In addition to writing and overseeing the stage musicals of THE WIZARD OF OZ (1902) and THE WOGGLE-BUG (1905), he penned the full-length children's fantasies, THE LIFE AND ADVENTURES OF SANTA CLAUS (1902), THE ENCHANTED ISLAND OF YEW (1903), THE MARVELOUS LAND OF OZ (1904; the first sequel to THE WONDERFUL WIZARD OF OZ), QUEEN ZIXI OF IX (1905), THE WOGGLE-BUG BOOK (1905), JOHN DOUGH AND THE CHERUB (1906), and OZMA OF OZ (1907; Dorothy's first return trip "over the rainbow"). There also were twenty-six short stories -- reproduced as Sunday newspaper comic-page pieces -- "Queer Visitors from The Marvelous Land of Oz" (1904-1905), and not forgetting nine short-story "Animal Fairy Tales," which appeared once a month in the DELINEATOR magazine (1905).


All of the abovementioned journalese was issued under Baum's name, but -- so as not to compete with himself in the marketplace -- he also wrote an additional six short stories in 1906, disseminated under the pseudonym Laura Bancroft. Each appeared in book form as one of "The Twinkle Tales” and told of a little girl of that name and her sometime-companion, a boy named Chubbins. A year later, another “Laura Bancroft” effort, POLICEMAN BLUEJAY, took the same two children through a full-length novel of further fanciful adventures. (All seven of Twinkle’s stories involved escapades in nature, whether the youngsters sojourned among magical woodchucks, prairie dogs, birds, a turtle, random additional animals, or the denizens of a sugar kingdom.)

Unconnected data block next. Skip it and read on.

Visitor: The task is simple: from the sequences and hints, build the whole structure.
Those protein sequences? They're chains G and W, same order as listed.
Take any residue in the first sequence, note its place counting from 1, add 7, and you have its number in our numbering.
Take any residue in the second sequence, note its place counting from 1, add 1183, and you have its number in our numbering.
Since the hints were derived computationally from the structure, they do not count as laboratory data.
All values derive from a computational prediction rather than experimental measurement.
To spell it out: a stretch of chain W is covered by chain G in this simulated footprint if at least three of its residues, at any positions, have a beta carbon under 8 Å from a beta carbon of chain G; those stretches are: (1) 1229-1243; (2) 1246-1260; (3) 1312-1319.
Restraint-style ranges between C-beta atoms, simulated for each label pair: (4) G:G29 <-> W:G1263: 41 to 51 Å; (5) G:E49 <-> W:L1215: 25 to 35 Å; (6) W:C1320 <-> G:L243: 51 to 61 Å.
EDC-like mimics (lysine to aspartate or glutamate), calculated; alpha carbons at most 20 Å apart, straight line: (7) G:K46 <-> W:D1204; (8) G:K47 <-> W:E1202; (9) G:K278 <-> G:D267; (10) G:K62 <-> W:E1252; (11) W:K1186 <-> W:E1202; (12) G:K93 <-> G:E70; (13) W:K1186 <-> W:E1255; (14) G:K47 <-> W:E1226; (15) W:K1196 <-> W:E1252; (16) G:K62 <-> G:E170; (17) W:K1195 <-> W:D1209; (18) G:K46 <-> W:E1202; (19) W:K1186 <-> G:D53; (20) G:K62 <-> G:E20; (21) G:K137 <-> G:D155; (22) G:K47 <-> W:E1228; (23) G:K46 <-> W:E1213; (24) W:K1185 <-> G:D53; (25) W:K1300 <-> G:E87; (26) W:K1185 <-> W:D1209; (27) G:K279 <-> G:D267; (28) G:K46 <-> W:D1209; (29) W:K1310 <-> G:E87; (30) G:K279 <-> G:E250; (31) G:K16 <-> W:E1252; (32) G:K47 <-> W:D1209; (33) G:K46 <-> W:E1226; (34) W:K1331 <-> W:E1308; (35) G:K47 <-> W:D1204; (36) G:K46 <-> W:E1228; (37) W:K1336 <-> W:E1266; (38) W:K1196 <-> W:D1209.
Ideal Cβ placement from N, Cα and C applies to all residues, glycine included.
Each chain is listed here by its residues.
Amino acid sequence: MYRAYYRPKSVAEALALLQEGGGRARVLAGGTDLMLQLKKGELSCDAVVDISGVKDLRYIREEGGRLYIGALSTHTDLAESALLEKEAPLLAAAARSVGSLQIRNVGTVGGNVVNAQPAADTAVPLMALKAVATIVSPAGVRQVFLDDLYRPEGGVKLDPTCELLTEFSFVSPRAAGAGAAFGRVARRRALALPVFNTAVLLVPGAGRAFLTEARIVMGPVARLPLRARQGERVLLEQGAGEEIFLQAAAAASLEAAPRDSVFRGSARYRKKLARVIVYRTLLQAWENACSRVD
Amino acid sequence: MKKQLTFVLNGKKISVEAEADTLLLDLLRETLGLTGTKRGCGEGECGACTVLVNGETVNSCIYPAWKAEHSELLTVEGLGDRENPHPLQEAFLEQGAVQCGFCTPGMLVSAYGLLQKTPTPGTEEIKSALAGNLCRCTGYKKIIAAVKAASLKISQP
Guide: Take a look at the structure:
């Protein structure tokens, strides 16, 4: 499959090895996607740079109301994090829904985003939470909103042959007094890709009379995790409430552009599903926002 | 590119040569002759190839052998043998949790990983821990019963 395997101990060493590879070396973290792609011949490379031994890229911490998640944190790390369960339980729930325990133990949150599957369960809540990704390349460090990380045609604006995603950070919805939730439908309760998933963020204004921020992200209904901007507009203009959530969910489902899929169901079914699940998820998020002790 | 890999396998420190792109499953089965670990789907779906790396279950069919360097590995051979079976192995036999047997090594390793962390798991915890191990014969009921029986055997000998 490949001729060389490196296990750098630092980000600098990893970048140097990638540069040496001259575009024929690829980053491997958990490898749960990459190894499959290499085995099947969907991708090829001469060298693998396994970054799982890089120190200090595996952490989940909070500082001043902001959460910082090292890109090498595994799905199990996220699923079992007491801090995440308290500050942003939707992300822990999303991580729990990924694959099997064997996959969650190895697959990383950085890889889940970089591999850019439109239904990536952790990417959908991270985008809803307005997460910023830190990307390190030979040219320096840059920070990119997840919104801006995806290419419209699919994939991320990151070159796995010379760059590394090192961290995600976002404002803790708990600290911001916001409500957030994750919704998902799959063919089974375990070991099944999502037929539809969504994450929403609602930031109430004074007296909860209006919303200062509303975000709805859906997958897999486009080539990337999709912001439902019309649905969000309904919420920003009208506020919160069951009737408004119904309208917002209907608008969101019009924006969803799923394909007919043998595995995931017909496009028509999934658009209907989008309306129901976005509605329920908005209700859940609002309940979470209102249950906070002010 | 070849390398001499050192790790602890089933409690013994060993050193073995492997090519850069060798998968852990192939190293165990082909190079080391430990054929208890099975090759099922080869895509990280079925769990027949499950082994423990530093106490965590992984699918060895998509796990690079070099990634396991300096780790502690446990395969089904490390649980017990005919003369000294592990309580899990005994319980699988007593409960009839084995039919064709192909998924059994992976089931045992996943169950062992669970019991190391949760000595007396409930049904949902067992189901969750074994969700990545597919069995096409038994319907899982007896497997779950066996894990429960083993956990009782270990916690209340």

Almost unbelievably, and at the same time, Baum's output expanded to include three adult novels: THE FATE OF A CROWN (1905) and DAUGHTERS OF DESTINY (1906), both "as" Schuyler Staunton, and TAMAWACA FOLKS, "as" John Estes Cooke (1907). He polished off the first two titles in (what became) a ten-book series for teen girls: AUNT JANE'S NIECES and AUNT JANE'S NIECES ABROAD, both 1906 and penned "as" Edith Van Dyne. There also were two books for teen boys, SAM STEELE'S ADVENTURES ON LAND AND SEA (1906) and SAM STEELE'S ADVENTURES IN PANAMA (1907) – attributed to Capt. Hugh Fitzgerald; another story for the teen market, ANNABEL, cited its Baum-y author as Suzanne Metcalfe.